The pairs of horizontal conductive portions 1210 are in turn coupled to the feed line around the point 50, and extend outwardly from point 50 as described with respect to FIG. 6. As shown in FIG. 12B, and more clearly in FIG. 13, a vertical conductive portion 1220 connects each of the pairs of horizontal conductive portions 1210 to a capacitive grounding patch 1230, which is positioned on a substrate 1240 that physically separates the grounding patch 1230 from the ground plane 1250, but still permits for capacitive grounding between the grounding patch 1230 and the ground plane 1250. Grounding the magnetic loop created by the combination of the feed line, one portion of the pair of horizontal conductive portion 1210 and the vertical conductive portion 1230 may add the LC components necessary to improve return loss match of the antenna and to improve efficiency.

FIG. 14 is a plot showing a farfield radiation pattern at the resonant frequency of the 3D CPL antenna illustrated in FIGS. 12A and 12B. The farfield pattern's polarization is set by the number of radiation elements. As there are two oppositely positioned radiating elements, the radiation is bidirectional and, in this case, positioned around and along the X-axis.

FIG. 15 is an E-field plot illustrating a top view of the E-field radiation patterns of the antenna of FIG. 12A. FIG. 15 illustrates the directions of local currents at the resonant frequency along the pairs of horizontal conductive portions 1210. In this embodiment, a high E field is generated around the open end portion as indicated by a dot-dash lines 60 near the end of the radiating elements of the pair of horizontal conductive portions 1210 and the dot-dash line 70 along the vertically conductive portions (not shown in FIG. 15) and the ground patches 1230.

FIG. 16 is a plot showing the return loss (S11 in dB) as a function of frequency (MHz) of the antenna configured as illustrated in FIGS. 12A and 12B.

In an embodiment, an antenna comprises: a ground plane situated on a first plane having a first side and a second side; a substantially vertical feed line coupled to a power source on the first side, the feed line passing through to the second side but electrically isolated from the ground plane; at least a pair of substantially horizontal conductive portions on a second plane different from the first plane and including a first portion and a second portion, the first portion having a first end coupled to the feed line and a second end coupled to an end of the second portion; and at least one substantially vertical conductive portion having a first end and a second end, the first end of the vertical conductive portion being coupled to the second end of the of the first portion, the second end of the vertical conductive portion being coupled to the ground plane, wherein the vertical feed line, the first portion and the vertical conductive portion are configured to form a loop generating a H-field, wherein the second portion is configured to emit an E-field, and wherein the H-field and the E-field are substantially orthogonal.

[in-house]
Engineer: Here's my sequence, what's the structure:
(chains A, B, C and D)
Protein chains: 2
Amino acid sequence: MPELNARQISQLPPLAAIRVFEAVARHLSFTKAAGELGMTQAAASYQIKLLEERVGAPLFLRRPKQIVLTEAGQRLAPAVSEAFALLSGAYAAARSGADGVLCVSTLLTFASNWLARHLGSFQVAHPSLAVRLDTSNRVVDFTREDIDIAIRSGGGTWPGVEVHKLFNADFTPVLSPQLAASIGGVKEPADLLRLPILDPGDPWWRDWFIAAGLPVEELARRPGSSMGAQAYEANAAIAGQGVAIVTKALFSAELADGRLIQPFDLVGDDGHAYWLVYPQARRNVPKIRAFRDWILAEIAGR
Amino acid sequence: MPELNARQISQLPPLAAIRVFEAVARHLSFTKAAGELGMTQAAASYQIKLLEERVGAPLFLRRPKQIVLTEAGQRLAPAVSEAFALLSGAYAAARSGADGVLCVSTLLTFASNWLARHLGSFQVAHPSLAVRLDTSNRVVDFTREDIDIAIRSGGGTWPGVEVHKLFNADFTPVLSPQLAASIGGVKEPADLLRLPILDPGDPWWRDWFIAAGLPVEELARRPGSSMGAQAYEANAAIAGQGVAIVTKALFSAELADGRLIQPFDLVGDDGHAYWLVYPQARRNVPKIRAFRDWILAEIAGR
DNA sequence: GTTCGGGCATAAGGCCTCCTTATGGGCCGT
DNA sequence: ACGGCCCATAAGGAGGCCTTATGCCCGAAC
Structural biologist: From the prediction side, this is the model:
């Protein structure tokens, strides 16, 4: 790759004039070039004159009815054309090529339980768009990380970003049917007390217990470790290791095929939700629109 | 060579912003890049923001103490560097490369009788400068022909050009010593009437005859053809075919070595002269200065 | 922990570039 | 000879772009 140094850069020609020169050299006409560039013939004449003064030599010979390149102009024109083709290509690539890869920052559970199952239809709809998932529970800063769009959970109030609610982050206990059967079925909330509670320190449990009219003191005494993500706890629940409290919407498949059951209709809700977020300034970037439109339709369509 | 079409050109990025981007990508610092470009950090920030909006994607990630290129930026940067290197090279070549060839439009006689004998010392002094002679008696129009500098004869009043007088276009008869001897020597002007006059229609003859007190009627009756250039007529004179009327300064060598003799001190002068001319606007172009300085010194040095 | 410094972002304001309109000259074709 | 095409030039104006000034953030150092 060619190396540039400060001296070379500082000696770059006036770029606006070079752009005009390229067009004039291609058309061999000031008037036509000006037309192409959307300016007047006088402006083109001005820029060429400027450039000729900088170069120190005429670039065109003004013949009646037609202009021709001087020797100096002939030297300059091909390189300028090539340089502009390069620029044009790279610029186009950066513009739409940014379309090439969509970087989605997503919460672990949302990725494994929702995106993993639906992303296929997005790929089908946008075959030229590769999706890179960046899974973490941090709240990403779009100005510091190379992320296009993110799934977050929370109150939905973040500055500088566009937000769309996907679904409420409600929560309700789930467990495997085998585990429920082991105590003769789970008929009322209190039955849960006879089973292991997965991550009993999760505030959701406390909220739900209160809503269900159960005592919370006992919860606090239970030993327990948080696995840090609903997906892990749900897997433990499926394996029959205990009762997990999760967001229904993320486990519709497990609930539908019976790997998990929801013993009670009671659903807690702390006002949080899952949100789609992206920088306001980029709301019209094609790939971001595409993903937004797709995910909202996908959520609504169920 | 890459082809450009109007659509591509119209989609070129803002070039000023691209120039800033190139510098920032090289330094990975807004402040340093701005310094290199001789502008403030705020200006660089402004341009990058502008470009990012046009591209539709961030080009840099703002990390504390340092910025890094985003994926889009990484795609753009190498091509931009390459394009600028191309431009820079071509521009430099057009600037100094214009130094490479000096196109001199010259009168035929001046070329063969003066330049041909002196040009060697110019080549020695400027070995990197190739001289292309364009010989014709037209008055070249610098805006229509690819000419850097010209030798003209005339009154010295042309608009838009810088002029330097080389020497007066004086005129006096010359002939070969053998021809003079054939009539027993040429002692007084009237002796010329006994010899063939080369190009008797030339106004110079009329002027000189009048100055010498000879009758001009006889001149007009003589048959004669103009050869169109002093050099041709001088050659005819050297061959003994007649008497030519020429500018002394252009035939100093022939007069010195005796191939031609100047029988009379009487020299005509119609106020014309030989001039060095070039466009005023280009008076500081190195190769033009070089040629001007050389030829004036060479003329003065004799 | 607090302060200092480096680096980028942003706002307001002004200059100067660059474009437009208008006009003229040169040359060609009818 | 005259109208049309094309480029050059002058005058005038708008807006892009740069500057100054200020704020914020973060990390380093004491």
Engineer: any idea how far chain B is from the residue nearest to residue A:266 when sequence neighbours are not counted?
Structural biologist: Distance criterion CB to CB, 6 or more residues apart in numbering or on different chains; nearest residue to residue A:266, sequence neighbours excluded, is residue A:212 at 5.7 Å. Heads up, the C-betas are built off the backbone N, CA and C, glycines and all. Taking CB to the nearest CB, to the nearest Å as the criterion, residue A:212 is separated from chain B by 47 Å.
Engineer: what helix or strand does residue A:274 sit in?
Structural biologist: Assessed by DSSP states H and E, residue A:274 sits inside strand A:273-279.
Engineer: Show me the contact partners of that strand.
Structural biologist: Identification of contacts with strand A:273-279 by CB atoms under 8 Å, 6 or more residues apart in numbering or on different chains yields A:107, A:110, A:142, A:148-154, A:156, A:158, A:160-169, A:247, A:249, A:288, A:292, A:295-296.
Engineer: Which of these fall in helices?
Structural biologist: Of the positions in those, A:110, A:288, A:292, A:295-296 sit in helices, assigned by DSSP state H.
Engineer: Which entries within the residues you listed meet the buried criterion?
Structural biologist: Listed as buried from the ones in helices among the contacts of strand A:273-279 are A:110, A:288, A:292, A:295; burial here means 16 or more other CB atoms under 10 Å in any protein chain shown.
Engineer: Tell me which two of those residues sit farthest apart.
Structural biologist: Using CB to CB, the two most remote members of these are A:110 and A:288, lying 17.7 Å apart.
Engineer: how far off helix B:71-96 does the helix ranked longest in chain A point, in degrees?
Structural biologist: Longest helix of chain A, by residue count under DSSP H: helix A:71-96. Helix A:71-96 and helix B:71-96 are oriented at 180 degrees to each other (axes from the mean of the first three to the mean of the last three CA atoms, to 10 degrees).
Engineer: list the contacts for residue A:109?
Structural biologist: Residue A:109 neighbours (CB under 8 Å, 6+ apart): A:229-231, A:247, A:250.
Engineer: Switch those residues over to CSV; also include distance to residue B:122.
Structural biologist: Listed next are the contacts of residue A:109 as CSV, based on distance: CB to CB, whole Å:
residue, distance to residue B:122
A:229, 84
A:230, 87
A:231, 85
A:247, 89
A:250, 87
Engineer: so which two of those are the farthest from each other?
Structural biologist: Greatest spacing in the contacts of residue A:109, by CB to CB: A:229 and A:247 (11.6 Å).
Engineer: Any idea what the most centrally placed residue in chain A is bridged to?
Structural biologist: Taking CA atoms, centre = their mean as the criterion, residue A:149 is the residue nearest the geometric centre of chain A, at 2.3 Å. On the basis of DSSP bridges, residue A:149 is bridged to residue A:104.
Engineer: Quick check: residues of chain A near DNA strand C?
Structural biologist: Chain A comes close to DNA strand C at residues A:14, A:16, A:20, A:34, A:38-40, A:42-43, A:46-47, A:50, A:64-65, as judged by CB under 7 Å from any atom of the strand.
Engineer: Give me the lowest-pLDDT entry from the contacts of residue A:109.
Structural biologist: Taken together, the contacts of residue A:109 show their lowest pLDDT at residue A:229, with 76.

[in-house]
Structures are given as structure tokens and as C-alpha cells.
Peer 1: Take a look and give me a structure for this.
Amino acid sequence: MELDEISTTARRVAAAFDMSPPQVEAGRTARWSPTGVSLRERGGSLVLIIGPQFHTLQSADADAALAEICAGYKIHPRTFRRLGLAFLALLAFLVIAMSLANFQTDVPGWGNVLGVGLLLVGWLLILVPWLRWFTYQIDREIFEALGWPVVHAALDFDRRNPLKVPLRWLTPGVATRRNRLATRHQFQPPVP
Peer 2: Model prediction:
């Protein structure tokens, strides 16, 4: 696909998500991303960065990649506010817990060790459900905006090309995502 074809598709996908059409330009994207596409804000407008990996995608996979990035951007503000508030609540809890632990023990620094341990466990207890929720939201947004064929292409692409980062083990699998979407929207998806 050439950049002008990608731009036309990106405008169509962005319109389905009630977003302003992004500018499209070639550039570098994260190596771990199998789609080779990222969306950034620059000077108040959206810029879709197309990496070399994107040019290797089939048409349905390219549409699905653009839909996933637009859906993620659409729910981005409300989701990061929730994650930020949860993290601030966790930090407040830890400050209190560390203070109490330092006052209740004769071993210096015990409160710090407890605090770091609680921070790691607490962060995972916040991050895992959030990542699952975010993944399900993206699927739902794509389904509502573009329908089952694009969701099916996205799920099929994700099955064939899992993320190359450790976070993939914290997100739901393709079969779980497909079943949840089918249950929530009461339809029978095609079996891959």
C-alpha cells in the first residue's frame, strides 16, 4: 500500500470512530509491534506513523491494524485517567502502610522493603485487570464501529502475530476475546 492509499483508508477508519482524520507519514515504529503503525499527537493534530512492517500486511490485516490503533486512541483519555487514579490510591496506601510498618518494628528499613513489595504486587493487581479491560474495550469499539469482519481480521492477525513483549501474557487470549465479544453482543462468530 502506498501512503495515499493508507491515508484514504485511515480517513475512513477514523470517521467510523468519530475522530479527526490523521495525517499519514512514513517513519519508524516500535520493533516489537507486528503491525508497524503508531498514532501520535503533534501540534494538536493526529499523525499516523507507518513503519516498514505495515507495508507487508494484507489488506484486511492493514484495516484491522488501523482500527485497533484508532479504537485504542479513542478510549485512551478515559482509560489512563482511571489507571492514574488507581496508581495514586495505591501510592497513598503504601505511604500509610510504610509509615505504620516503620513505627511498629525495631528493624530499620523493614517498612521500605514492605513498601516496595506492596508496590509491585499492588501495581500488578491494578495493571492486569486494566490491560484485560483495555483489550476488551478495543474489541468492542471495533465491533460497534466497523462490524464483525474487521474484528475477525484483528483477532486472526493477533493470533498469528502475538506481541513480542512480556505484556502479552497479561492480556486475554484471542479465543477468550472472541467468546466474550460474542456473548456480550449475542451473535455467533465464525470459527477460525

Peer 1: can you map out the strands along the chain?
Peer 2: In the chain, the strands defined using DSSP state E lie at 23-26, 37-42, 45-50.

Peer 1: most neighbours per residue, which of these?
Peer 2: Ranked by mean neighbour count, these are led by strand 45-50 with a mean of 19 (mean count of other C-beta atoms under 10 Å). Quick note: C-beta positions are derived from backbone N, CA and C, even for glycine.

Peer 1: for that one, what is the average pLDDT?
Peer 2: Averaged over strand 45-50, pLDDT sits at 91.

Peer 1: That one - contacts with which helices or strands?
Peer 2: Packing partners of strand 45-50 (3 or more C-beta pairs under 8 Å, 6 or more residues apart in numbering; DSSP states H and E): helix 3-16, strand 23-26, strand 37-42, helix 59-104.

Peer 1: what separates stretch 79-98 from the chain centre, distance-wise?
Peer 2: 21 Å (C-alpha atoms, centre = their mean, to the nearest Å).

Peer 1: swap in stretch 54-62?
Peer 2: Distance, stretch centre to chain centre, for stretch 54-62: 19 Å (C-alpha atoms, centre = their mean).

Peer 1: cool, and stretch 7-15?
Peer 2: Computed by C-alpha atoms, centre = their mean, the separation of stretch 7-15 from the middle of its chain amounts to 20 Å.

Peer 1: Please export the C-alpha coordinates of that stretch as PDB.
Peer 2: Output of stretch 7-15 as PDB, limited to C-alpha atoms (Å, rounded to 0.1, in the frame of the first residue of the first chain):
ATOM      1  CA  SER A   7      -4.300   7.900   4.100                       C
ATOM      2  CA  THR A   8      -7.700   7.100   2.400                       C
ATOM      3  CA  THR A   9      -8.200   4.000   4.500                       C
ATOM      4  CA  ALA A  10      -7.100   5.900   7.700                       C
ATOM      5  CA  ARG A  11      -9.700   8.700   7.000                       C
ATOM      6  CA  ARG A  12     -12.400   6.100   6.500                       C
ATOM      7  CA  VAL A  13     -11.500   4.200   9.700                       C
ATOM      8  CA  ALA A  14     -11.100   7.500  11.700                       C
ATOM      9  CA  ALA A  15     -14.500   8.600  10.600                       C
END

In the embodiment, wherein the second portion is coupled with the loop at a substantially 90° or 270° electrical length from a feed point of the feed line. In the embodiment, the ground plane is configured to be confined within a first area and the pair of horizontal conductive portions is configured to be contained within a second area smaller than the first area. In the embodiment, wherein the first area, the second area, or both the first area and the second area, is substantially a shape of a circle or oval. In the embodiment, wherein the first area, the second area, or both the first area and the second area, is substantially a shape of a polygon.

In the embodiment, wherein the pair of horizontal conductive portions are configured to be self-supporting and wherein air forms a dielectric between the pair of horizontal conductive portions and the ground plane. In the embodiment, wherein the pair of horizontal conductive portions are configured to be formed on a dielectric substantially filling an area between the pair of horizontal conductive portions and the ground plane.

In the embodiment, wherein the pair of horizontal conductive portions are formed on a substrate. In the embodiment, wherein the substrate is a dielectric. In the embodiment, wherein the substrate is substantially a circular shape, wherein the first portion is configured to extend radially from the first end of the first portion toward the second end of the first portion, wherein the first end of the first portion is located near a center of the circular shape, wherein the second end of the first portion is located close to an edge of the substrate, wherein the second portion is configured to be coupled to the first portion at a point located at a substantially 90° or 270° electrical length along the loop from a feed point of the feed line, and wherein the second portion is configured to extend azimuthally along a periphery of the substrate. In the embodiment, wherein the substrate is substantially a circular shape, wherein the first portion is configured to extend radially from the first end of the first portion toward the second end of the first portion, wherein the first end of the first portion is located near a center of the circular shape, wherein the second end of the first portion is located close to an edge of the substrate, wherein the second portion is configured to be coupled to the first portion at a point along the loop where current flowing through the loop is at a reflective minimum, and wherein the second portion is configured to extend azimuthally along a periphery of the substrate.